Activities within annual festival of the Hùng Kings’ Temple will be cancelled due to the acute respiratory disease (COVID-19), according to authorities of the northern province of Phu Tho.
However, part of commemoration will still be performed, including the incense offering ceremony - the most important ritual dedicated to the legendary founders of the nation.
Meanwhile, other activities such as folk games, traditional music performances, and sports competitions will be cancelled.
The Hùng Kings Temple Festival 2020 was scheduled to be held on a national scale at the Hùng Kings Temple historical relic site located in Viet Tri City.
To mark the event, other festivities were planned to be co-organised by Phu Tho Province and other participating localities such as Vinh Phuc, Ninh Binh and Thua Thien - Hue provinces.
Information Hùng Kings Festivals
This year's Hùng Kings Festivals falls on April 2.
A procession of people in traditional clothing in Phu Tho, Vietnam
The reign of the Hùng Kings is considered one of the most significant in Vietnamese history. Ancient Vietnamese texts cite the first Hùng King, Hùng Vương, as having created his kingdom in 2879 BC, but current archeological evidence places its beginnings between 1000 and 500 BC. Hùng Vương and the 17 Hùng Kings that came after him are credited with establishing the basis of Vietnamese civilisation. During their reign, the kings are said to have initiated methods of farming, hunting and horticulture, and facilitated a sense of patriotism in their subjects through the preservation of traditions.
Known as Van Lang, their state is believed to have originated in northern Phu Tho province, but may have stretched to the Red River Delta and even to parts of southern China. Although the 18th king was overthrown early in the 3rd century BC, the fruits of their rule are still evident in modern-day Vietnam and celebrated during the Hùng Kings Festival.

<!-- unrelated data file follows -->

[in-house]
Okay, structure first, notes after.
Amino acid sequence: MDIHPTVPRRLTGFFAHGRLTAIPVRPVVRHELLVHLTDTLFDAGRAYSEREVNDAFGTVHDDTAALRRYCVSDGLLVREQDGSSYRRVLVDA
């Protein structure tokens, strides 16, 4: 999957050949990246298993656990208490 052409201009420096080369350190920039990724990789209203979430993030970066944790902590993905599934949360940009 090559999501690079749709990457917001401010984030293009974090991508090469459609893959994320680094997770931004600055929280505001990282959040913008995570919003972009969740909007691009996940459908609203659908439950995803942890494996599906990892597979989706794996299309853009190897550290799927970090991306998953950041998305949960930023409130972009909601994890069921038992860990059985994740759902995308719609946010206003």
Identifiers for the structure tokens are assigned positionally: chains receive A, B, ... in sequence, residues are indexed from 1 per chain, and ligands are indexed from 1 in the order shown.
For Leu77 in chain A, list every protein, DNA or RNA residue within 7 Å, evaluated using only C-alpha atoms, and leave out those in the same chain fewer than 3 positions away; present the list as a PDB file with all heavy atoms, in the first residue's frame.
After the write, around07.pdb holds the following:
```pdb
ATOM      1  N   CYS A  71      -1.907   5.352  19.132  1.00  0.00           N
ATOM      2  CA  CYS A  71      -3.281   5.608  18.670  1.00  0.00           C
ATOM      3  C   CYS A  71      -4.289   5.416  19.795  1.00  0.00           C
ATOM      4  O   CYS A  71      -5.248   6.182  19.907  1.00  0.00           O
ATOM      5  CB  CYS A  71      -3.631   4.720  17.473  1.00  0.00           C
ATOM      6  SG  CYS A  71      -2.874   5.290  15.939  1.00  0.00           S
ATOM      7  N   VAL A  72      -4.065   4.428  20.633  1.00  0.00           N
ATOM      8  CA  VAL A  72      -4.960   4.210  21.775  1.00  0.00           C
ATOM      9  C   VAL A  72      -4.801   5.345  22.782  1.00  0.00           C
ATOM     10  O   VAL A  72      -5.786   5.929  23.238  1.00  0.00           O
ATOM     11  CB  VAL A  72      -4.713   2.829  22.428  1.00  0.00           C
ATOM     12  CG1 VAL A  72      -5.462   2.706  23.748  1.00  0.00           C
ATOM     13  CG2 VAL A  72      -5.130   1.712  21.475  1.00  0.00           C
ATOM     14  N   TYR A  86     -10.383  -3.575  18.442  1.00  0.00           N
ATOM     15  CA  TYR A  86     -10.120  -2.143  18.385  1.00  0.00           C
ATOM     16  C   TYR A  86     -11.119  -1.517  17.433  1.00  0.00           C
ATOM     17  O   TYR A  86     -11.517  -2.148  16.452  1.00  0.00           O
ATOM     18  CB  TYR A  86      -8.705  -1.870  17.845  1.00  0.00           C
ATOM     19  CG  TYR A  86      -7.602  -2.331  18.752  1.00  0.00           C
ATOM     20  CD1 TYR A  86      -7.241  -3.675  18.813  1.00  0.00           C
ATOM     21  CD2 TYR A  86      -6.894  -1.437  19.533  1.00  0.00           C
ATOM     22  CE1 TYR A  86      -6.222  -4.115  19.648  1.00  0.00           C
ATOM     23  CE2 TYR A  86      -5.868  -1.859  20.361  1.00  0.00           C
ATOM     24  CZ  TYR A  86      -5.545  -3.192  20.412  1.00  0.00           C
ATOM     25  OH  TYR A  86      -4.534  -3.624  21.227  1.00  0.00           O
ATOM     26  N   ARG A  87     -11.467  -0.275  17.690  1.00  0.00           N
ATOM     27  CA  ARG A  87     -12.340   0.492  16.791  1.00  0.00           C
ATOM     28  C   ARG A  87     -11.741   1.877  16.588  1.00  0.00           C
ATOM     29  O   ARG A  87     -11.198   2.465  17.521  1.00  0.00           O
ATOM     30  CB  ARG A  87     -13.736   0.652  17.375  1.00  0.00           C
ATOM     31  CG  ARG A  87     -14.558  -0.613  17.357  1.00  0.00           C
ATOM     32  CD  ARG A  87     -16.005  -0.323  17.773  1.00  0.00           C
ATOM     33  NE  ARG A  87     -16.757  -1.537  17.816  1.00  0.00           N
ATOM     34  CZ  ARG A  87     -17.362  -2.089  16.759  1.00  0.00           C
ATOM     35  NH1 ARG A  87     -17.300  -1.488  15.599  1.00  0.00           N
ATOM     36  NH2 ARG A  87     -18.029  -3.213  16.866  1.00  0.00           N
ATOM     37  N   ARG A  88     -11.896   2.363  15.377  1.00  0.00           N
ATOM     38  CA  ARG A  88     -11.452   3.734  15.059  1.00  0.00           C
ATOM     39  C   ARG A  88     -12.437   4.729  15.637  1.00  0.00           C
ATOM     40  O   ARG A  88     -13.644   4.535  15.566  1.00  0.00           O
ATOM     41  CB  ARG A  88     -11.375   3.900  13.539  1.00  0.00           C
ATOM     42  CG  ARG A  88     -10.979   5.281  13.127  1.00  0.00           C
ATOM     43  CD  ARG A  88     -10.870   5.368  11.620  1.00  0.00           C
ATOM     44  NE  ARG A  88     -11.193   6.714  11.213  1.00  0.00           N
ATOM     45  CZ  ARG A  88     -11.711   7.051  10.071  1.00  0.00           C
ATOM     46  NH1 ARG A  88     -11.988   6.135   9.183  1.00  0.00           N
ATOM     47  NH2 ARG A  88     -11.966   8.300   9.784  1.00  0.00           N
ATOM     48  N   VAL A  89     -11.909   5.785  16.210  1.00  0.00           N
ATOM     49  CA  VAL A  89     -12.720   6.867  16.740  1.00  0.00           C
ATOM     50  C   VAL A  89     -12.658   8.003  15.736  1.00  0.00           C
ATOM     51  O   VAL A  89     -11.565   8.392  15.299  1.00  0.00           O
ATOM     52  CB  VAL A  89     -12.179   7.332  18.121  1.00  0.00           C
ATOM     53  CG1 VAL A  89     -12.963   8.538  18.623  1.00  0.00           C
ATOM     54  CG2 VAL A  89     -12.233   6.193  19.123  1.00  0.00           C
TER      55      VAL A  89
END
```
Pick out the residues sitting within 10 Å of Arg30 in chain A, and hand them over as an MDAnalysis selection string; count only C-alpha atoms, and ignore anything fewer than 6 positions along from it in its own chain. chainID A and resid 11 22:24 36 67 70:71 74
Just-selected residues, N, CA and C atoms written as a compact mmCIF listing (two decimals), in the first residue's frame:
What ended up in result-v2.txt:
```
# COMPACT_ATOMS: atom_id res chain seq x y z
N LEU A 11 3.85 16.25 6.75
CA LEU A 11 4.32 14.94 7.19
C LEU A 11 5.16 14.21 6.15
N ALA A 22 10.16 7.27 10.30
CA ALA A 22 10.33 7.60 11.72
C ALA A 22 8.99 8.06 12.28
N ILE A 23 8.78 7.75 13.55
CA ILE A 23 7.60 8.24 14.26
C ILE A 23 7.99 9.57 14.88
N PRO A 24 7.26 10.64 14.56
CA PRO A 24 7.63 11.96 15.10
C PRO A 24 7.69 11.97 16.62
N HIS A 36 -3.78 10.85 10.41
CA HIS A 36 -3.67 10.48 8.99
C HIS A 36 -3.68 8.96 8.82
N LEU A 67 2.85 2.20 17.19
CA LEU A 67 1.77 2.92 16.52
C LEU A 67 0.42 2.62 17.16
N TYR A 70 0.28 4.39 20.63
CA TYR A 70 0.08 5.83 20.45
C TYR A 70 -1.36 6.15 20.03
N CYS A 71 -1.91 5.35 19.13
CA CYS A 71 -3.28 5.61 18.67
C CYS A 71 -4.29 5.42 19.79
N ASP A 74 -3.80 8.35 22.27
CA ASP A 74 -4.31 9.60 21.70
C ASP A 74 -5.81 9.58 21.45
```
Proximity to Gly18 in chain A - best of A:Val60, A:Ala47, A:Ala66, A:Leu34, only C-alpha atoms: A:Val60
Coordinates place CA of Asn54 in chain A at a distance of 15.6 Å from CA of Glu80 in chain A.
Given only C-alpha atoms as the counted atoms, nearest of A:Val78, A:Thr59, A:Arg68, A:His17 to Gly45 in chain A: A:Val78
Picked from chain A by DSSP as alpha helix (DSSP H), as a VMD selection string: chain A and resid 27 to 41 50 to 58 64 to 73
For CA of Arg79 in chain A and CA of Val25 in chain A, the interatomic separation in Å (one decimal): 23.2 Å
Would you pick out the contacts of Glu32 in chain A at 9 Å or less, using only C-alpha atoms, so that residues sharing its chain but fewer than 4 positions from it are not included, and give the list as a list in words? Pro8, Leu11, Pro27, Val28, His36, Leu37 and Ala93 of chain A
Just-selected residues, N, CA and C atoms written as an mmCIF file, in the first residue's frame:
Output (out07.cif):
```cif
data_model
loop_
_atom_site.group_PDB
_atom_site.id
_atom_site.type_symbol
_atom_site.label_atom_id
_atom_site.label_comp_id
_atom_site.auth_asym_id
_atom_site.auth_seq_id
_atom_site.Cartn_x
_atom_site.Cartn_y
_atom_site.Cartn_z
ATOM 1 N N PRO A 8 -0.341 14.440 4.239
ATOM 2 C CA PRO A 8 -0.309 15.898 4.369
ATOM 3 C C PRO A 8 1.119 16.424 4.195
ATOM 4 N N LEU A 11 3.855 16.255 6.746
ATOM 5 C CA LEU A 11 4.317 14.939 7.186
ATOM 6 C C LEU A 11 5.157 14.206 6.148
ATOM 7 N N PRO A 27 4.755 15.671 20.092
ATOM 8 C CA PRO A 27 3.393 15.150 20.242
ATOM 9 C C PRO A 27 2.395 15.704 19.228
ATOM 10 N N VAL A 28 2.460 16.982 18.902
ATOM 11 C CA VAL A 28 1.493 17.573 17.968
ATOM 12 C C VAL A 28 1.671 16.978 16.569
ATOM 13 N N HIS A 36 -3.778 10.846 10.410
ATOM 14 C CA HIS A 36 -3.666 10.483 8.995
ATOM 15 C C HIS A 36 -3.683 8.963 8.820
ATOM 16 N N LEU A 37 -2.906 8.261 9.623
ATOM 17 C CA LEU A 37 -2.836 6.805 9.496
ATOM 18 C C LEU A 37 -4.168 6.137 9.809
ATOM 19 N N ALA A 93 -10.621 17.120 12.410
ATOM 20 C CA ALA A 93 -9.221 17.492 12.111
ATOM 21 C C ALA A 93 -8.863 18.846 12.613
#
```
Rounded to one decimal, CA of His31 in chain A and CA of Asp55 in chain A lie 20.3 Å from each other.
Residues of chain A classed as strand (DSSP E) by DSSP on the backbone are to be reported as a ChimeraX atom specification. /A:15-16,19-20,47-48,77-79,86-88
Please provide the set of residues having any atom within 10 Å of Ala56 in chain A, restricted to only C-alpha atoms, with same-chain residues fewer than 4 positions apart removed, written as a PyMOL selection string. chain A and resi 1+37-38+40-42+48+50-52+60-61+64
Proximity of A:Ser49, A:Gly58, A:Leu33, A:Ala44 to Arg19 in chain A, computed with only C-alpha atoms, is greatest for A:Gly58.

What to expect Hùng Kings festival?
During the festival, events are held across Vietnam’s 1,400 Hùng King temples, but the main ceremony takes place at the Phu Tho temple complex north of Hanoi, where millions make the journey every year.
Children play folk games in the Hùng King's Festival.
On the morning of April 2, children are dressed in vibrant outfits and loaded with offerings before heading to the foot of Nghia Linh Mountain with their families for the procession. People from dozens of local villages, in conjunction with government representatives, ascend the mountain together, stopping at each place of worship until they reach the highest temple. When they arrive, a bronze drum performance signals the beginning of prayers and an incense offering ritual, performed by elders, pilgrims and state leaders.
There are many food offerings, too; fruit and traditional dishes like banh giay (crushed sticky rice pudding) and banh chung (sticky rice cake) are prepared with love by locals and presented to the Hùng Kings.
In addition to the formal ceremonies, there are many traditional activities associated with Hùng Kings Festival. Local people perform folk music and games such as bamboo swinging contests, rice cooking competitions, human chess, wrestling and dragon dancing add to the jovial atmosphere of the celebration.
Travellers can join in the festivities and learn about the fascinating culture of Vietnam, or simply observe the strong connection Vietnamese people have to their history.